A trope in and of itself, members of faith are usually portrayed as a caliber of charlatan or deceiver and are potentially as evil as the evil they are fighting, and usually at the expense of those they purport to be saving. But we are working both with and against this trope with “Vatican Miracle Examiner” (“Bachikan Kiseki Chōsakan”).
In this age of modern technology and scientific breakthroughs, miracles seem harder to find than ever. So, when one does occur, the Vatican wants to make certain that it is a true and genuine miracle before bestowing its blessing upon it. To this end, the tag team of Fr. Hiraga Josef Kō (left) and Fr. Roberto Nicholas (right) go to where they are directed to determine the validity of what is before them. So, in one sense, they are detectives (The Church Police?), but more properly called the Seat of the Saints. It’s just nothing is as it appears and what looks like a miracle ends up being something much more than bargained for.
Aiding them is the Italian hacker genius and jailbird, Lauren Di Luca. He decided to help them when he lost this complicated game that Hiraga invented. It’s kind of like Go played inside a giant wheel. Now, Lauren is such an amoralistic person, he wears an anklet filled with poison that can be employed if he goes against the Vatican. With this little entourage, they tackle these trying and troubling situations around the world.
This is where the negative part of the trope comes into play, as we realize that the ‘miracles’ are far less than they appear. But since it opens up into something more far-reaching, it is the faith of our two Fathers that come into question as well. There aren’t that many ‘stories’ to tell, as it takes three or four episodes to run it all down. This is a good thing, as nothing ever unspools as you wish it to be, and there are always hidden agendas and red herrings to try and distract you from your main goal. But the fathers also have their own demons to slay and they are constantly challenged on every front. They WANT to believe that this is a miracle, as their faith compels them to do so, but their analytical part forces them to examine and dispel the doubt.
I am sure the words of St Thomas Aquinas haunt them all the time: “To one who has faith, no explanation is necessary. To one without faith, no explanation is possible.” But they are pulled and pushed and challenged and dared and tempted and threatened in every aspect of their jobs, to which they even question their questioning. It was still a good series, at least for the mystery aspect of things. It’s when things got needlessly complicated that things soured.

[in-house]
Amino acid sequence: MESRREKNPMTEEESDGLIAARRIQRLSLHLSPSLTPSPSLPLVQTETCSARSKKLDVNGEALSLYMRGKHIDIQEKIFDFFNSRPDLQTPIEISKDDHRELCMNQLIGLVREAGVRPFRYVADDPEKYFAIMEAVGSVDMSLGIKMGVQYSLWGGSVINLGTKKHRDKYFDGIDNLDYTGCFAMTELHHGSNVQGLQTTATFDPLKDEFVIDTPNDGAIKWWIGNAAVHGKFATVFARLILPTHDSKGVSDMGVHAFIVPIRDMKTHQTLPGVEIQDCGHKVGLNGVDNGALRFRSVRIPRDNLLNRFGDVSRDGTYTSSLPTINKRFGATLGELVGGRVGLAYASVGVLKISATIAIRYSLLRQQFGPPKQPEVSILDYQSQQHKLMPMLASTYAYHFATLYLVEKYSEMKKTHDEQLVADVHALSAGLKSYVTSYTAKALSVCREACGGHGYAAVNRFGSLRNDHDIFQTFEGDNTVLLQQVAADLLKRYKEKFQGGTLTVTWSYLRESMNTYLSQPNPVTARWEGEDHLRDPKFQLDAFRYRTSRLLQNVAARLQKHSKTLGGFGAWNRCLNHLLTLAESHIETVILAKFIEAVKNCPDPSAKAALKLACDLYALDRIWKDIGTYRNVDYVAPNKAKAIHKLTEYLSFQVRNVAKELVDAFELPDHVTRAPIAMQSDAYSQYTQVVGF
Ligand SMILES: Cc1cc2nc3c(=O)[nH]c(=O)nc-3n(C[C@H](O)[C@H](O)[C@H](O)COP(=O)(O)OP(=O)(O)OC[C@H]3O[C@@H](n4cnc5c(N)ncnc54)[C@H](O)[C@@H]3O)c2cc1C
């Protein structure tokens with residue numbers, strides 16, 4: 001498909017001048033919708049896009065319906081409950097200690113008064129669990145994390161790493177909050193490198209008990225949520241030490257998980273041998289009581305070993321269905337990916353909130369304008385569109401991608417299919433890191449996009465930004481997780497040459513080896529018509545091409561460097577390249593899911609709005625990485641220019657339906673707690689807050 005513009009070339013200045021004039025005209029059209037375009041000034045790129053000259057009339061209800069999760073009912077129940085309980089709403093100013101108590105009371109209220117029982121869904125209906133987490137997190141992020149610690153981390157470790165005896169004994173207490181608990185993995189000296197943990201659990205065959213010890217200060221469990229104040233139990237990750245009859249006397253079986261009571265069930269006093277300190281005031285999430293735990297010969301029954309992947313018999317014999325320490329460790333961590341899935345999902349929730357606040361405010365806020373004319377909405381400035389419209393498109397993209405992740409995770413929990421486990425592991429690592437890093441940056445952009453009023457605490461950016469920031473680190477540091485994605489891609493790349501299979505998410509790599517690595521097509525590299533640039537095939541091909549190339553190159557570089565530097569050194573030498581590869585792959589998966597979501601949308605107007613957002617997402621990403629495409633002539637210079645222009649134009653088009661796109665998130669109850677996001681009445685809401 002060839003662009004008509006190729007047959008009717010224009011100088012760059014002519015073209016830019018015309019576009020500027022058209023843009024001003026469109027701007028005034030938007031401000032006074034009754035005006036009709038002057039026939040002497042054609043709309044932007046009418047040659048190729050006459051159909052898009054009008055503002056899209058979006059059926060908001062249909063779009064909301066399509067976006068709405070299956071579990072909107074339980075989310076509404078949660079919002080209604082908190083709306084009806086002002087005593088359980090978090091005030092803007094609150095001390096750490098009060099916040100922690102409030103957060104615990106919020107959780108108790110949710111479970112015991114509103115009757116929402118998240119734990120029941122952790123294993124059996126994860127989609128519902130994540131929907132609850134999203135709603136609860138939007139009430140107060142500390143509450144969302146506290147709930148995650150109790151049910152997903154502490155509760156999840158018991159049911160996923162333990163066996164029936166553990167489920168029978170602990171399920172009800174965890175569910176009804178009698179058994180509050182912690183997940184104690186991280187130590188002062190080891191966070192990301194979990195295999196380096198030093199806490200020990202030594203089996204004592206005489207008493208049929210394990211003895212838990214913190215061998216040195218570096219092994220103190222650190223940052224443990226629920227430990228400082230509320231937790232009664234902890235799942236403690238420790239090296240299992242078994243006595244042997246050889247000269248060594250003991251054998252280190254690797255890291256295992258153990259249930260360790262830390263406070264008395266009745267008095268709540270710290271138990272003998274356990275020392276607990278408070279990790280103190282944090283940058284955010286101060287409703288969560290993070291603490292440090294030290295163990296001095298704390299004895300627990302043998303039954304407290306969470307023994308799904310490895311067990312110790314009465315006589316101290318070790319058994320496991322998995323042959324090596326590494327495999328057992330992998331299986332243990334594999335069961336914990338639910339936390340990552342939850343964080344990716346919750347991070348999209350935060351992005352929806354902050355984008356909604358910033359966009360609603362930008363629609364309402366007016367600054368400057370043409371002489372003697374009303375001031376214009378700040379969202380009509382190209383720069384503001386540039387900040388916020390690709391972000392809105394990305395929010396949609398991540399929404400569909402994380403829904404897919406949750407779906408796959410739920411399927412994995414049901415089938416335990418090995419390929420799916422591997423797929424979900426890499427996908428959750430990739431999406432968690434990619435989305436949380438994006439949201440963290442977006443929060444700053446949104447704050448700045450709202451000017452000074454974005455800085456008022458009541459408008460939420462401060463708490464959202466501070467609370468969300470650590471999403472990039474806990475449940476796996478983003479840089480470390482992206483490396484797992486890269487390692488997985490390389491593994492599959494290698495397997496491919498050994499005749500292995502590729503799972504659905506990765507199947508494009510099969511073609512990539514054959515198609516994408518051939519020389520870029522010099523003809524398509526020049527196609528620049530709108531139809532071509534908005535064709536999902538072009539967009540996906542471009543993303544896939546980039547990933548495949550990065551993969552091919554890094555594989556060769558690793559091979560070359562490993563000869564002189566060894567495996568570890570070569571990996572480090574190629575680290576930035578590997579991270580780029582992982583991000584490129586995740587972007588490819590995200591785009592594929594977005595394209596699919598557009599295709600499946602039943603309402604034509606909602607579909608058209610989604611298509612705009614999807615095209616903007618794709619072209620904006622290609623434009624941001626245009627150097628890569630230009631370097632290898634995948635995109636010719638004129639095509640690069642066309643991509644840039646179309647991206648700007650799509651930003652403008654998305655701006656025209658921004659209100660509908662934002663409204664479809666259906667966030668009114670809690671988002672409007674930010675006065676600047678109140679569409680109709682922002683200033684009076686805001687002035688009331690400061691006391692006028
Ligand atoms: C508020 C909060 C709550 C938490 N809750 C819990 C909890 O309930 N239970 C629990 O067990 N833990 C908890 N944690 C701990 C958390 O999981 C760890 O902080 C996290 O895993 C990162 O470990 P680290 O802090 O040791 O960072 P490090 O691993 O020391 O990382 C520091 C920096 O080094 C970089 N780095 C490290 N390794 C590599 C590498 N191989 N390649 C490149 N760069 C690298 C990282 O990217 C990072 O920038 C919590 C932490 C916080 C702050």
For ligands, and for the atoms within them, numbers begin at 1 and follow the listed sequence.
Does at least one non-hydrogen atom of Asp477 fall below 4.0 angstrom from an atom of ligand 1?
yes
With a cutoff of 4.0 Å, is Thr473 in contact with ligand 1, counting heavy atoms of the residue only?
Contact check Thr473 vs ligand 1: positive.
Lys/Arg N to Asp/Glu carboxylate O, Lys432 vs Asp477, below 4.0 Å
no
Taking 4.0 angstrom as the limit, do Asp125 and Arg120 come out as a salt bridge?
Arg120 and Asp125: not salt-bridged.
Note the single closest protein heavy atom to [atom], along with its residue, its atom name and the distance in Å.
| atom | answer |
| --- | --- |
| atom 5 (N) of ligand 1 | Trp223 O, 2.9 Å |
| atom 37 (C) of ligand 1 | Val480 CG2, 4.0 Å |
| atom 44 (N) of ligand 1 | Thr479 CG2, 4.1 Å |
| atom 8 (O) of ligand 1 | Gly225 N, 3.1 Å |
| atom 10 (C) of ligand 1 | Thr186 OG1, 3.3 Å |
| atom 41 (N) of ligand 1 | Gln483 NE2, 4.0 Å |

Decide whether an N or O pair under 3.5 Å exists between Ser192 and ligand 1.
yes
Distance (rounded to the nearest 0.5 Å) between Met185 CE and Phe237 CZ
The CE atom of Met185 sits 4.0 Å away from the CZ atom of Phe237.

Plus, this also had a downer point for me, and that is the ‘Pre-Show Warning’. Are things that bad that you have to hoist a disclaimer, lest people feel this is some caliber of documentary? “This story is a work of fiction. The names, characters and organizations in this work are fictitious and any resemblance to actual persons is entirely coincidental.” What, the Catholic Church and some representative from Vatican City are going to come over to your anime company to slap you with a cease-and-desist order? I personally find these warning annoying, but I guess the suits want all avenues covered.
I will put that aside and suggest that you see this show. Even if you do not wish to buy into the religious angle of it, you can’t refuse a good detective drama and this certainly is that, as we see the logic and how the evidence points us in a particular direction. And with the complicated closing for the first season, there could be a second season, as the overall fox hunt intensifies.
This is what I call Grouped Binging. You could blitz through it, but I feel things work better if you operate within each arc, take a break, take on the next arc, rather than stem to stern (as you may feel you are being keelhauled). You can still do it all in one day, if that is your decision, but it gives you a break between investigations. Cleanse your palate before the next course, as it were.
On a scale of 1 to 10:
Artwork 7 (Pretty standard)
Plot 8 (Well-balanced mysteries)
Pacing 7 (Moves along consistently)
Effectiveness 7 (A few too many flashbacks)
Conclusion 7 (It reaches a ‘coupler point’, but hasn’t ended)
Fan Service 0 (A similar show would be “Honey and Clover”)
Bingeability 10 (But as a Grouped Binge)
Overall 8 (Really holds one’s interest)
And remember, it’s first run until you’ve seen it. Examine it fully.